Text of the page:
Privacy? Ha ha ha ha ha….

From the “Statement of Privacy” at a major online auto dealer:

There will be times, such as when you submit an application, request a quote, enter a contest or sweepstakes, purchase a product, etc., when we will need to obtain personally identifiable information from you or about you. Such personally identifiable information may include your name, home address, e-mail address, telephone number, social security number, income, credit references, etc. The information we receive about you or from you may be used by us or shared by us with our corporate affiliates, agents, vendors and others to help process or complete a transaction; to comply with any law, regulation, audit or court order; to help improve our website or the products or services we offer; for research; to better understand our customers’ needs; to develop new offerings; and to alert you to new products and services in which you may be interested. We may also combine information you provide us with information about you that is available to us internally or from other sources.

Translation: We will do any damn thing we please with your personal information.

The Ticketmaster Monopoly Grows

The Justice Department’s Antitrust Division is so preoccupied with the Microsoft case that it ignores equally nasty monopolists. Case in point is Ticketmaster, one of the worst of the batch, which is scooping up competitors (AP) with no apparent attention from the trustbusters.

The Un-PC

Reuters: Gateway picks Transmeta chip for AOL devices.
Dan Bricklin: PCs vs. appliances.

Who’s Behind the Sleazy E-mail, Fax, Site, Etc.

The Whois command is a gift to anyone who wants to find out more about the owner of a Web site, as I note in my Tuesday column.

As I say in the column, I’m a big fan of Sam, one of the best sites for tracking spammers. Excellently done. (It’s incidentally a great example of how the Internet has become the primary computing platform. I used to have to run these tools from a command line, and hope the programs came with the OS.)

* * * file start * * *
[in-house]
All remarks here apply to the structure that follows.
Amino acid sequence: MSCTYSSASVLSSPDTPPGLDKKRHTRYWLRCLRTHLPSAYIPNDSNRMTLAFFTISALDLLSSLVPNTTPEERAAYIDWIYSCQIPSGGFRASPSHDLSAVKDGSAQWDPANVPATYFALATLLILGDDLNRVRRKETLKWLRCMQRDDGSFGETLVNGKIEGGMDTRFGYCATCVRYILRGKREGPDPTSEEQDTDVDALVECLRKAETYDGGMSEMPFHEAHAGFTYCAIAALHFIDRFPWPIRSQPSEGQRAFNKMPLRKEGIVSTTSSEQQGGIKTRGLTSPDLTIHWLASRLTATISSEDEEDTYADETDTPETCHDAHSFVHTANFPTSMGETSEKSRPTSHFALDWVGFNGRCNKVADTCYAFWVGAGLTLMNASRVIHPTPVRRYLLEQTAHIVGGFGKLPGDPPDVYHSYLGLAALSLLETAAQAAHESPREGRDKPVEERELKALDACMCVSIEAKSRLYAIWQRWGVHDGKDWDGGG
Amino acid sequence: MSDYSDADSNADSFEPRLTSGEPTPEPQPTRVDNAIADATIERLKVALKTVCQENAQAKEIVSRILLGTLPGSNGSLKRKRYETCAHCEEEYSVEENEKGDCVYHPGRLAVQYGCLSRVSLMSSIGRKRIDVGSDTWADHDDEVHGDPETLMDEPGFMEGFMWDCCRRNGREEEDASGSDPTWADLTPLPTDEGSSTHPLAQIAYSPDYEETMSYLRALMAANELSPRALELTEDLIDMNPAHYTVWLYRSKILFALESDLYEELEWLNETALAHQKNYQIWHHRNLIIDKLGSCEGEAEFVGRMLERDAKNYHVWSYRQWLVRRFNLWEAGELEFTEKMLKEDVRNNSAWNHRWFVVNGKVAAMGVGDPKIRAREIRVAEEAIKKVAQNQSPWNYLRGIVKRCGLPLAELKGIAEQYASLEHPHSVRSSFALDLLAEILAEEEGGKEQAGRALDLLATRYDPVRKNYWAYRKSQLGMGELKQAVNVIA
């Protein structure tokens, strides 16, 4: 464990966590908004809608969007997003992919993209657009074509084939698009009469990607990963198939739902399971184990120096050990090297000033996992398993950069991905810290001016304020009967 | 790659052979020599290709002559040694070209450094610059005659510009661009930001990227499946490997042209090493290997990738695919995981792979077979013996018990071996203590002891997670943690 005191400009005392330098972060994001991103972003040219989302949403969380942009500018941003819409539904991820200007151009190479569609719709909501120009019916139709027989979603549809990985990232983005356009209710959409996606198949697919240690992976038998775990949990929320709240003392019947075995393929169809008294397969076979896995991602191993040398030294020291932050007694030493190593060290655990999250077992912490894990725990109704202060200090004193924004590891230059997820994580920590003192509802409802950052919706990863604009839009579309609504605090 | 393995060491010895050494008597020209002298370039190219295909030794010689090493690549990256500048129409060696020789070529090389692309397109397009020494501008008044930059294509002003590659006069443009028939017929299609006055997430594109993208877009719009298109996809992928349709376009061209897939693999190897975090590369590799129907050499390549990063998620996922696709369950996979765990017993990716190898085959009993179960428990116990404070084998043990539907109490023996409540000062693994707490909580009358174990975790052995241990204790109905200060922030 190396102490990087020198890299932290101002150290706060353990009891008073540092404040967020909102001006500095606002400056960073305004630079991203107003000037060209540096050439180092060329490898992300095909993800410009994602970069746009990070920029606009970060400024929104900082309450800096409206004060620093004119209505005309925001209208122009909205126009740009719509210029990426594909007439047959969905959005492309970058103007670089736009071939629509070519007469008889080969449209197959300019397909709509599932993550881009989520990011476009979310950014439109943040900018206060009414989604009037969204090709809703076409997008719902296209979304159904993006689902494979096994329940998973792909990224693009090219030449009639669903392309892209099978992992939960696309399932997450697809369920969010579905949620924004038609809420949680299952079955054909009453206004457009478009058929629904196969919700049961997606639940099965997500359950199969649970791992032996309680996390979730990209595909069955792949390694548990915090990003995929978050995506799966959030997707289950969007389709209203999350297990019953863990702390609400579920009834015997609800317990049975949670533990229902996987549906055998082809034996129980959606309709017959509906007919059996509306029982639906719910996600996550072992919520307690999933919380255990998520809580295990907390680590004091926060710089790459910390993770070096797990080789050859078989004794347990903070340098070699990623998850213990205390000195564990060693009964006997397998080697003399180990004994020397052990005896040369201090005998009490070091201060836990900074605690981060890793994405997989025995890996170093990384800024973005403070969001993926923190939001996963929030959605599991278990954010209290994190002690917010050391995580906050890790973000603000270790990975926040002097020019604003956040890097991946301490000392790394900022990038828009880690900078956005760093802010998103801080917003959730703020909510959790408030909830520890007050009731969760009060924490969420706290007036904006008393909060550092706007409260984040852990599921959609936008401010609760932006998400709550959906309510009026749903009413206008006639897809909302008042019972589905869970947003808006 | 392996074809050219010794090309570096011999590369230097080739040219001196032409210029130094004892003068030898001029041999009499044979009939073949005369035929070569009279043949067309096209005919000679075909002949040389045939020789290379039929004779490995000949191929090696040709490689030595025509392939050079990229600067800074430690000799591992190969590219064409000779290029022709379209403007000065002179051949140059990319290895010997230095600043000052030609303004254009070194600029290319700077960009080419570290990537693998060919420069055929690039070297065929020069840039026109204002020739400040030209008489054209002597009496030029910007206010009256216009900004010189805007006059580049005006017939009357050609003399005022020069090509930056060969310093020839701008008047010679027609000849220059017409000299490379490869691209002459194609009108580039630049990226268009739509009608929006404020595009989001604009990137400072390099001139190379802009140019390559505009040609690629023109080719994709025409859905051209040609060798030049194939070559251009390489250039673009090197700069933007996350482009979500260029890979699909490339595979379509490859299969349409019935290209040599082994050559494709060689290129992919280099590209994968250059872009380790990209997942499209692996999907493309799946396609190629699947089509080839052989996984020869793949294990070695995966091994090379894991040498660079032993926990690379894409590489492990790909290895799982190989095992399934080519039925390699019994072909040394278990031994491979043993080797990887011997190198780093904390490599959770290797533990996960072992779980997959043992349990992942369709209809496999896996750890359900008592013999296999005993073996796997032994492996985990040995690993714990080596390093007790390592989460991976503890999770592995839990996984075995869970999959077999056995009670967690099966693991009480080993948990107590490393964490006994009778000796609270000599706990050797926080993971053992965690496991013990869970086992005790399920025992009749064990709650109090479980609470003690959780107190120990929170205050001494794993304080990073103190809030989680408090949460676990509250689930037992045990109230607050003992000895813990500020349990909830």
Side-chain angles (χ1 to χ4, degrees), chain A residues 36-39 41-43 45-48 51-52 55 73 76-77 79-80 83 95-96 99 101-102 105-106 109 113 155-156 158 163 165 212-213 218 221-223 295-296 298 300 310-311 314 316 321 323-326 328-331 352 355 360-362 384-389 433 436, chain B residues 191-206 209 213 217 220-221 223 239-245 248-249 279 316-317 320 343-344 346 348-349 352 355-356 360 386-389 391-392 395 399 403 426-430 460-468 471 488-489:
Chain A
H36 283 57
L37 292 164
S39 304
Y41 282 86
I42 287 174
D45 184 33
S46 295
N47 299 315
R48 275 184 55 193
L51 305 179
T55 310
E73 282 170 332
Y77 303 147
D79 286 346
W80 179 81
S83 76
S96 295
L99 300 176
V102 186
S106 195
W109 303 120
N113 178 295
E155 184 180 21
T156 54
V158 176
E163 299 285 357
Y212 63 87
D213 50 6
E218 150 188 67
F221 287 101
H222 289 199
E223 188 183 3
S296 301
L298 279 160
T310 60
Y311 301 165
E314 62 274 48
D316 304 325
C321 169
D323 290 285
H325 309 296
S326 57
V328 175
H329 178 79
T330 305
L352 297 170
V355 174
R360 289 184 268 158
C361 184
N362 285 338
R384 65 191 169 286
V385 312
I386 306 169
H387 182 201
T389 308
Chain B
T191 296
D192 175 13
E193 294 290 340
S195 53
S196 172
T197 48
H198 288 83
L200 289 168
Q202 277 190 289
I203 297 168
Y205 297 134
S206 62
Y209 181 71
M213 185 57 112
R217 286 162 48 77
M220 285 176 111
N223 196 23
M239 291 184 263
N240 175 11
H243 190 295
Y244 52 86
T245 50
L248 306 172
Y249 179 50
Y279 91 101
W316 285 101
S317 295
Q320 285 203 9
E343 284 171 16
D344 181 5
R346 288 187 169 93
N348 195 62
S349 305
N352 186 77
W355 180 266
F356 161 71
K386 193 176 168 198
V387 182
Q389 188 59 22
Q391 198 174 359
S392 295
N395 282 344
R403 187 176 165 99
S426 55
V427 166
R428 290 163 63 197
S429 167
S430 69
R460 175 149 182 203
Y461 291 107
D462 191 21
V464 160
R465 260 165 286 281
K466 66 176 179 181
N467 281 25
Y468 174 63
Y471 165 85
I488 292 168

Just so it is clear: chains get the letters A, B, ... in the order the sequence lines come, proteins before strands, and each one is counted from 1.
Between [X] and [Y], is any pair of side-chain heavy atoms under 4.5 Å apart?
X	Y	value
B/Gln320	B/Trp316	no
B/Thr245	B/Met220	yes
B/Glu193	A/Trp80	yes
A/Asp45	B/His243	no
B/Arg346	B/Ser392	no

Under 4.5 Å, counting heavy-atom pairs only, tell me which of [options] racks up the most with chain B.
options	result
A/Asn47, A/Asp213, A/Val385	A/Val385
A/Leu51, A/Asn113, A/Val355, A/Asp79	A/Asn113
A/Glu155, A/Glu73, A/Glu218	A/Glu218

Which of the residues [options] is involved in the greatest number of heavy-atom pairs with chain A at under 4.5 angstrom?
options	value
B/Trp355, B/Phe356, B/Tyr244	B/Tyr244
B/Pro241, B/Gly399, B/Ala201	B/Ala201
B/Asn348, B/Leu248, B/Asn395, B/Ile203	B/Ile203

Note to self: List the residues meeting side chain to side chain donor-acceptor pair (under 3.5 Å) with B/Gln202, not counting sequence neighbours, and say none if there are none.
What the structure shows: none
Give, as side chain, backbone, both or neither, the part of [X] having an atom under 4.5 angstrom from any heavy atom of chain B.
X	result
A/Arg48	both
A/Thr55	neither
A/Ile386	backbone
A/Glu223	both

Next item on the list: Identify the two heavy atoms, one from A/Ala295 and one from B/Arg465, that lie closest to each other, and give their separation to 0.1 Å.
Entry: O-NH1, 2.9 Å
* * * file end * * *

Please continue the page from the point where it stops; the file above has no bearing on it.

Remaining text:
the tricks you use for this kind of thing.

  • David Epstein writes: A couple of years ago I started receiving unsolicited faxes that asked my opinion on some big public issues (gun control, taxes, education). As I recall, I could reply to the poll by calling and 800- number. In order to stop this I had to call another 800- number. I realized that the primary purpose of the unsolicited faxes was to link a voice number with myfax line number. Rather than give them this information, I called the number from my phone using *67 to block the caller ID information. The call was rejected. I then called from a payphone. That call was rejected. Finally, I called FROM MY FAX MACHINE. (I gave them a piece of information they already had). The call was accepted, and I have not been bothered since.
  • David Glynn says: — The best thing about geektools is that it can link you up to ARIN, to allowyou to find out who provided the IP addresses of annoying network losers. Nothing like a few phone calls from the provider of the core of their network access to straighten out the most willful miscreant.
  • Tom Mulhern: I have been against spam and have fought it for years. I have had my emailaddress for a long time and knew how to not get on spammer’s lists, whichworked fine. Then someone went through the registry and now my once spamfree email address is no longer. So here are the things I have come acrossand use in fighting spam: The name says it all. My favorite. I have a paid account and a free one. Golook at this one. About Junk Faxes. Same type of people asspammers. Scum. some good information here.
  • Tom Geller: You might be interested in a site I run, a legal resource about spam law at <>. Besides listing existing laws, it gives tips on using small-claims courts, names of lawyers who’ll take antispam cases, and the like. The mailing list is a good place to trade information (and let off steam), and I offer POP3 mailboxes to all comers. You know, if the page at <> gets scraped and spammed, I as the server owner can sue for over $5K ($50/address)… We in California are fortunate to have one of the best laws in the country — <> — and I assume you’re familiar with the fight for a decent national law <>.

  • Rough Justice for Microsoft

    Having thoroughly persuaded a federal judge that it’s an incorrigible monopolist, Microsoft is on the verge of being ordered to split up into at least two pieces. That would be a genuine threat to the company’s Next Generation Windows Services initiative, which I discussed in my Sunday column — and it would be supremely ironic.

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